4S Ranch Allied Gardens Alpine Baja Balboa Park Bankers Hill Barrio Logan Bay Ho Bay Park Black Mountain Ranch Blossom Valley Bonita Bonsall Borrego Springs Boulevard Campo Cardiff-by-the-Sea Carlsbad Carmel Mountain Carmel Valley Chollas View Chula Vista City College City Heights Clairemont College Area Coronado CSU San Marcos Cuyamaca College Del Cerro Del Mar Descanso Downtown San Diego Eastlake East Village El Cajon Emerald Hills Encanto Encinitas Escondido Fallbrook Fletcher Hills Golden Hill Grant Hill Grantville Grossmont College Guatay Harbor Island Hillcrest Imperial Beach Imperial Valley Jacumba Jamacha-Lomita Jamul Julian Kearny Mesa Kensington La Jolla Lakeside La Mesa Lemon Grove Leucadia Liberty Station Lincoln Acres Lincoln Park Linda Vista Little Italy Logan Heights Mesa College Midway District MiraCosta College Miramar Miramar College Mira Mesa Mission Beach Mission Hills Mission Valley Mountain View Mount Hope Mount Laguna National City Nestor Normal Heights North Park Oak Park Ocean Beach Oceanside Old Town Otay Mesa Pacific Beach Pala Palomar College Palomar Mountain Paradise Hills Pauma Valley Pine Valley Point Loma Point Loma Nazarene Potrero Poway Rainbow Ramona Rancho Bernardo Rancho Penasquitos Rancho San Diego Rancho Santa Fe Rolando San Carlos San Marcos San Onofre Santa Ysabel Santee San Ysidro Scripps Ranch SDSU Serra Mesa Shelltown Shelter Island Sherman Heights Skyline Solana Beach Sorrento Valley Southcrest South Park Southwestern College Spring Valley Stockton Talmadge Temecula Tierrasanta Tijuana UCSD University City University Heights USD Valencia Park Valley Center Vista Warner Springs

Intermission

1932: Richard Milton Hollingshead Jr., a chemical engineer and oil and grease salesman, conducts his first experiments in outdoor viewing by nailing a bedsheet between two trees and putting a 1928 16mm movie projector on the hood of his car. He designs a ramp system to angle parked cars upward and tests the effects of rain on the windshield by using lawn sprinklers. By August, Hollingshead is ready to patent his idea (#1,909,537).

June 6, 1933: Hollingshead’s first outdoor theater opens on Crescent Boulevard in Pennsauken Township, near Riverton and Camden, New Jersey. Admission is 25 cents per car and 25 cents per person. The venue is originally just called Drive-In Theatre, although the actual name is the Automobile Movie Theatre. The opening feature is Wife Beware, a second-run from the previous season. This begins a long-running feud between “ozones” (outdoor theaters, as dubbed by Variety magazine) and indoor theaters battling for first-run features. Hollingshead pays $400 for a four-day rental of Wives Beware when indoor exhibitors can get it for $20 a week! The first drive-in closes in 1936 and is moved by its new owner to Union, New Jersey.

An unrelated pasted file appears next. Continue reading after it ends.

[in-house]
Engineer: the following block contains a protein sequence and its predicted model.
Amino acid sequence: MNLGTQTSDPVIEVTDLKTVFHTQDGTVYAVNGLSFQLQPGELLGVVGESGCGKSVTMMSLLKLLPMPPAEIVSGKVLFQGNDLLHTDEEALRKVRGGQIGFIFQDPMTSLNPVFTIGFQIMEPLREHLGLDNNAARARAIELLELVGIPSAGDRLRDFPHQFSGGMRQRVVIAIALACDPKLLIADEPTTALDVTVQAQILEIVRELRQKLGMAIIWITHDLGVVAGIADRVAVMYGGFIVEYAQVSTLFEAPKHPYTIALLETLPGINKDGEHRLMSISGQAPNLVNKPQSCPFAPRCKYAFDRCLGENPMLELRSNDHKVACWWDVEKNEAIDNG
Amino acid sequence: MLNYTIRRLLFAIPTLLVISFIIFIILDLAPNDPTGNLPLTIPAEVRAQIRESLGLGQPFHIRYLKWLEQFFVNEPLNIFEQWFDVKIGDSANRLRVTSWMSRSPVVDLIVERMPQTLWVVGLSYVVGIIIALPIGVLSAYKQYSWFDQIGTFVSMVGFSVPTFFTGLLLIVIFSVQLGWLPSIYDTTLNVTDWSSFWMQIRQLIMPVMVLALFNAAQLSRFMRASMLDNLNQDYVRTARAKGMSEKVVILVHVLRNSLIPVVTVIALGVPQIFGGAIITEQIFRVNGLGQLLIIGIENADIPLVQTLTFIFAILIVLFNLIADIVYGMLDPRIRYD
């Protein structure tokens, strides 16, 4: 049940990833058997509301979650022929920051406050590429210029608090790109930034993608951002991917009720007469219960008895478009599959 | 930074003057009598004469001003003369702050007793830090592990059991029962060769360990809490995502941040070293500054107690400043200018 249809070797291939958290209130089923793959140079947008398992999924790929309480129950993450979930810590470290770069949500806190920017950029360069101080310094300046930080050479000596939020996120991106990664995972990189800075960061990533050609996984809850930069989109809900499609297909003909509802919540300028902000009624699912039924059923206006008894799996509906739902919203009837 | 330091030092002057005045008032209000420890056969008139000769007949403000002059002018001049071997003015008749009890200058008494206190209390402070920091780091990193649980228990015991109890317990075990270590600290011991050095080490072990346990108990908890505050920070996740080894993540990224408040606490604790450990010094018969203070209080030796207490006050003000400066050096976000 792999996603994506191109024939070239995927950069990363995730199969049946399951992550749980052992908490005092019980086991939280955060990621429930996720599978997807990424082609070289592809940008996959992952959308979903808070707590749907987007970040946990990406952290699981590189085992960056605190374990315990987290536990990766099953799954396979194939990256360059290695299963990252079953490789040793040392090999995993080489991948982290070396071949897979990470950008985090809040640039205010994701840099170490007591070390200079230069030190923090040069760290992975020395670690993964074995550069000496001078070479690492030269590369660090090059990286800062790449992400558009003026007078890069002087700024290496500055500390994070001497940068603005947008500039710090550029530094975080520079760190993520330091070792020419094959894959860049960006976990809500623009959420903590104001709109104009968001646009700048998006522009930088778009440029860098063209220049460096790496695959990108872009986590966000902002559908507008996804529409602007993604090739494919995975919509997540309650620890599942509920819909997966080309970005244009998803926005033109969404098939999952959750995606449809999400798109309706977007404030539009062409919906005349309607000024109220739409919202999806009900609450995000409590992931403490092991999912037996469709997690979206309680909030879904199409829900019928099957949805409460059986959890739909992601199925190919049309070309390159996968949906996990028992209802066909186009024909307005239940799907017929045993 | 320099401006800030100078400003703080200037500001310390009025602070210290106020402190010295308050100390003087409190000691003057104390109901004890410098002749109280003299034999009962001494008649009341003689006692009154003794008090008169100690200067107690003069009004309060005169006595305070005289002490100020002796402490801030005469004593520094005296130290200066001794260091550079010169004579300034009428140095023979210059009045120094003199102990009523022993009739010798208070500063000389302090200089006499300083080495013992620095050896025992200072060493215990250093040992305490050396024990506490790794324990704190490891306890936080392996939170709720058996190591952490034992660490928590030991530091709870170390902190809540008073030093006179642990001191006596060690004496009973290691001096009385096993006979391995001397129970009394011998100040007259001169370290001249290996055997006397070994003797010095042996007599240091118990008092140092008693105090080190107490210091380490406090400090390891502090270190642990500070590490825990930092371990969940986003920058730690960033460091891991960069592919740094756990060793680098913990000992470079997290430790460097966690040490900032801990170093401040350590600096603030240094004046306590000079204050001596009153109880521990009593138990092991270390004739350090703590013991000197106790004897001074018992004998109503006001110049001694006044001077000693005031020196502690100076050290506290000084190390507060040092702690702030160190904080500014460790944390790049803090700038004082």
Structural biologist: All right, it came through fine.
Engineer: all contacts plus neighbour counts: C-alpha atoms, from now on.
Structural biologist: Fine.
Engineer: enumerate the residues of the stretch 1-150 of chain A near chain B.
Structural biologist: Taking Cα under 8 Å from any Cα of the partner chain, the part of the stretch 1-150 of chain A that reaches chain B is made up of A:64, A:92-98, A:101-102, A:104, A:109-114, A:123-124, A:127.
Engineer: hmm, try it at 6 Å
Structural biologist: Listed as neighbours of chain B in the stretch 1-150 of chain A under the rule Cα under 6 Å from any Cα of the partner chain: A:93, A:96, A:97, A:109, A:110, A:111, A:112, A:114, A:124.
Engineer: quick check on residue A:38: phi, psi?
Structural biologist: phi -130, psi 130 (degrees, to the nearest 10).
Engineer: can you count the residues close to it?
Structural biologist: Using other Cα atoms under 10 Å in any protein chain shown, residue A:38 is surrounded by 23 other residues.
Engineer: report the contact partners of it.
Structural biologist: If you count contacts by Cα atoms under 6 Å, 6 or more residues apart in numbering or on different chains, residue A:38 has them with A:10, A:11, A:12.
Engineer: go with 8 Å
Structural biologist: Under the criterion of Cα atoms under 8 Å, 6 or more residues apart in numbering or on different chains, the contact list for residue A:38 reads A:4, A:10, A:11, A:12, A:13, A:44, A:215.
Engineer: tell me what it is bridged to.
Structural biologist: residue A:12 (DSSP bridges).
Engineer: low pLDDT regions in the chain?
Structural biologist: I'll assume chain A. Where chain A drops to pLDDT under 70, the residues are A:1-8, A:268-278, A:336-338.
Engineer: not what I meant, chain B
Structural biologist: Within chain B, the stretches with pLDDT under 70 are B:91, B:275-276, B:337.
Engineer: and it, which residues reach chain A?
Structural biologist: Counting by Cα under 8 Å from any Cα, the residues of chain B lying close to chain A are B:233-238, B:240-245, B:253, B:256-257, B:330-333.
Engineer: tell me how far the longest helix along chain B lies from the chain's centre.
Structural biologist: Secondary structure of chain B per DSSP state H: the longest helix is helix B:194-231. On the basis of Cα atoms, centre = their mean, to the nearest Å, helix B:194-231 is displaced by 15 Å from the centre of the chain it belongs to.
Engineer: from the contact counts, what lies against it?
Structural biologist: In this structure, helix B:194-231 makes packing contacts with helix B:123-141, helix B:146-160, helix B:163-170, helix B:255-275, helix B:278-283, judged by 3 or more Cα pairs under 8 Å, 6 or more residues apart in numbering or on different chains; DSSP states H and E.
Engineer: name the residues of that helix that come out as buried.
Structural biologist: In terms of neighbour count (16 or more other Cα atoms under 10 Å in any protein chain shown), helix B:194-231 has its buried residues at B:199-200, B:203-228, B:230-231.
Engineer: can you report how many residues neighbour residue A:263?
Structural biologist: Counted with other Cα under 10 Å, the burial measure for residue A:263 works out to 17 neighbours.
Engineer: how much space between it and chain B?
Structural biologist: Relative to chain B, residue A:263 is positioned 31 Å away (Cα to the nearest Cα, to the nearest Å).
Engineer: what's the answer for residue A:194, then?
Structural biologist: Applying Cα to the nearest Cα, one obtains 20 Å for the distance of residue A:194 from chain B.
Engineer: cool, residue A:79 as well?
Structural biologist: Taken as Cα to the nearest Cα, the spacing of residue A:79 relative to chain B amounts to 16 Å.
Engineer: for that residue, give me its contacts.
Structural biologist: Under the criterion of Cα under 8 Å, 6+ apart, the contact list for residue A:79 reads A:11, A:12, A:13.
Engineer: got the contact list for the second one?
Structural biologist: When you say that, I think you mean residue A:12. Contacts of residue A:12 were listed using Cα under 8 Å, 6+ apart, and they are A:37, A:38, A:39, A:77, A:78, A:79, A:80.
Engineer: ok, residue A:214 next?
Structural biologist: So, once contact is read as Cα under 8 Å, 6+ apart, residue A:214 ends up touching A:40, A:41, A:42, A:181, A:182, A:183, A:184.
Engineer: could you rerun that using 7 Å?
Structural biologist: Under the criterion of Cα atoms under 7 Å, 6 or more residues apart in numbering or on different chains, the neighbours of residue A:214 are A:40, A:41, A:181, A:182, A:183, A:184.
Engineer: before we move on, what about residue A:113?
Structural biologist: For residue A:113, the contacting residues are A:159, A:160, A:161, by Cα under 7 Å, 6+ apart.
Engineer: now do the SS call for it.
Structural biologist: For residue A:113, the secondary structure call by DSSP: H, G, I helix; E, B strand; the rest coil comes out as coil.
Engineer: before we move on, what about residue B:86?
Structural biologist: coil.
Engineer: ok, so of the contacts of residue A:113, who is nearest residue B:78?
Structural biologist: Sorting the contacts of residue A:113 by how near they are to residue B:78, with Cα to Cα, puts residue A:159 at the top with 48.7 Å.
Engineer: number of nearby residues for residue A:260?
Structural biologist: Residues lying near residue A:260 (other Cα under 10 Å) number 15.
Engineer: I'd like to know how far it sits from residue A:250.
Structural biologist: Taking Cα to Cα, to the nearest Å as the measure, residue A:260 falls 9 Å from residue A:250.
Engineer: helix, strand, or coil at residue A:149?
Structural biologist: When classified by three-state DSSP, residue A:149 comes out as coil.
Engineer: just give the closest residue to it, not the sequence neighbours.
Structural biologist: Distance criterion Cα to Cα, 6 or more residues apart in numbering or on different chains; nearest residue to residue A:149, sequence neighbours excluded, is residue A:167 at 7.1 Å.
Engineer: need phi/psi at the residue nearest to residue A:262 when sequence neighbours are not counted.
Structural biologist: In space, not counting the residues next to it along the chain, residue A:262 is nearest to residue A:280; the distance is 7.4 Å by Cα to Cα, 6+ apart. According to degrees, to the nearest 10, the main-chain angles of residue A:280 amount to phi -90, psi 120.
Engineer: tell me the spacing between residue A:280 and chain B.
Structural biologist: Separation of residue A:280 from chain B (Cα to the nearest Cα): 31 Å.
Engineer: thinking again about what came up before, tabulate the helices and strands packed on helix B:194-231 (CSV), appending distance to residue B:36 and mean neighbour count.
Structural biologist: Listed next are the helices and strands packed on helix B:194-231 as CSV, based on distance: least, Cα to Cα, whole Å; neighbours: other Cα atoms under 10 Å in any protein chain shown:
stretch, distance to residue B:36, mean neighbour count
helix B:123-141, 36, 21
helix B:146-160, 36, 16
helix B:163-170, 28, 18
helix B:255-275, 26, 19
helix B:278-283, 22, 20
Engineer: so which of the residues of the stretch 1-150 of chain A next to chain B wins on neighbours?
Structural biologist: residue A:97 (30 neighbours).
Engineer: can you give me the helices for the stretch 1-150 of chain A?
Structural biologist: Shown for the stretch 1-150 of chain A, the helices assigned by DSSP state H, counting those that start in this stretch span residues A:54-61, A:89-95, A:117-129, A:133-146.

April 15, 1934: Shankweiler’s Auto Park theater in Orefield, Pennsylvania, opens. Like all other drive-ins, it must pay Hollingshead’s Park-In Theatres for the rights to run an outdoor screen: a one-time fee of $1000 and 5 percent of the gross box office receipts. 1934:

The Pico Drive-In opens at the corner of Pico and Westwood in Los Ange- les, California’s first and America’s fourth outdoor theater.

May 6, 1936: The Weymouth Drive-In opens in Weymouth, Massachusetts, though owners Thomas DiMaura and James Guarino fail to obtain a license from Park-In. On July 3, Park-In files a law- suit charging patent infringement, obtaining a writ entitling Holling- shead to place employees at the Weymouth to collect the entire box office proceeds for July 3, 4, and 5. Subsequent money is paid, and in a few months the Weymouth’s own- ers reach a licensing agreement with Park-In.

1938: Hollingshead sells his patent to Willis W. Smith, who franchises it and requires drive-ins to pay royalties. However, Loew’s Theaters (owned by MGM Pictures) convinces a Boston circuit court that a ramp built into the ground isn’t an invention, it’s landscaping, and Hollingshead’s patent becomes unenforceable. With drive-ins now public domain, the industry undergoes a growth spurt.

June 1938: Just over a dozen ozones are operating nationwide

1941: RCA develops the in-car speaker, which by the mid- to late ’40s becomes commonplace.

1942: Around 100 drive-ins operate across 27 states.

1948: Around 820 drive-ins are in the U.S. and Canada, 44 of them in California.

June 3, 1948: Former Navy pilot Edward Brown Jr. opens the first Fly-In Drive-In Theatre, with room for 500 cars and 25 airplanes. Located next to a New Jersey airport, the planes can taxi to the last two rows (though a jeep is needed to tow planes back to the airfield after showings).

1949: The Drive-In Movie Association lobbies against the Daylight Saving Time movement, claiming parents won’t take their families out for showings starting as late as ten p.m. By 1964, DST would be in full swing across America, though West Coast ozones say they’re hardest hit by the new late showtimes.

1950: At a time when around 3500 drive-ins operate in the U.S., in-car heaters are introduced, enabling year-round showings.

1954: Autoscope drive-ins feature a screen for each car.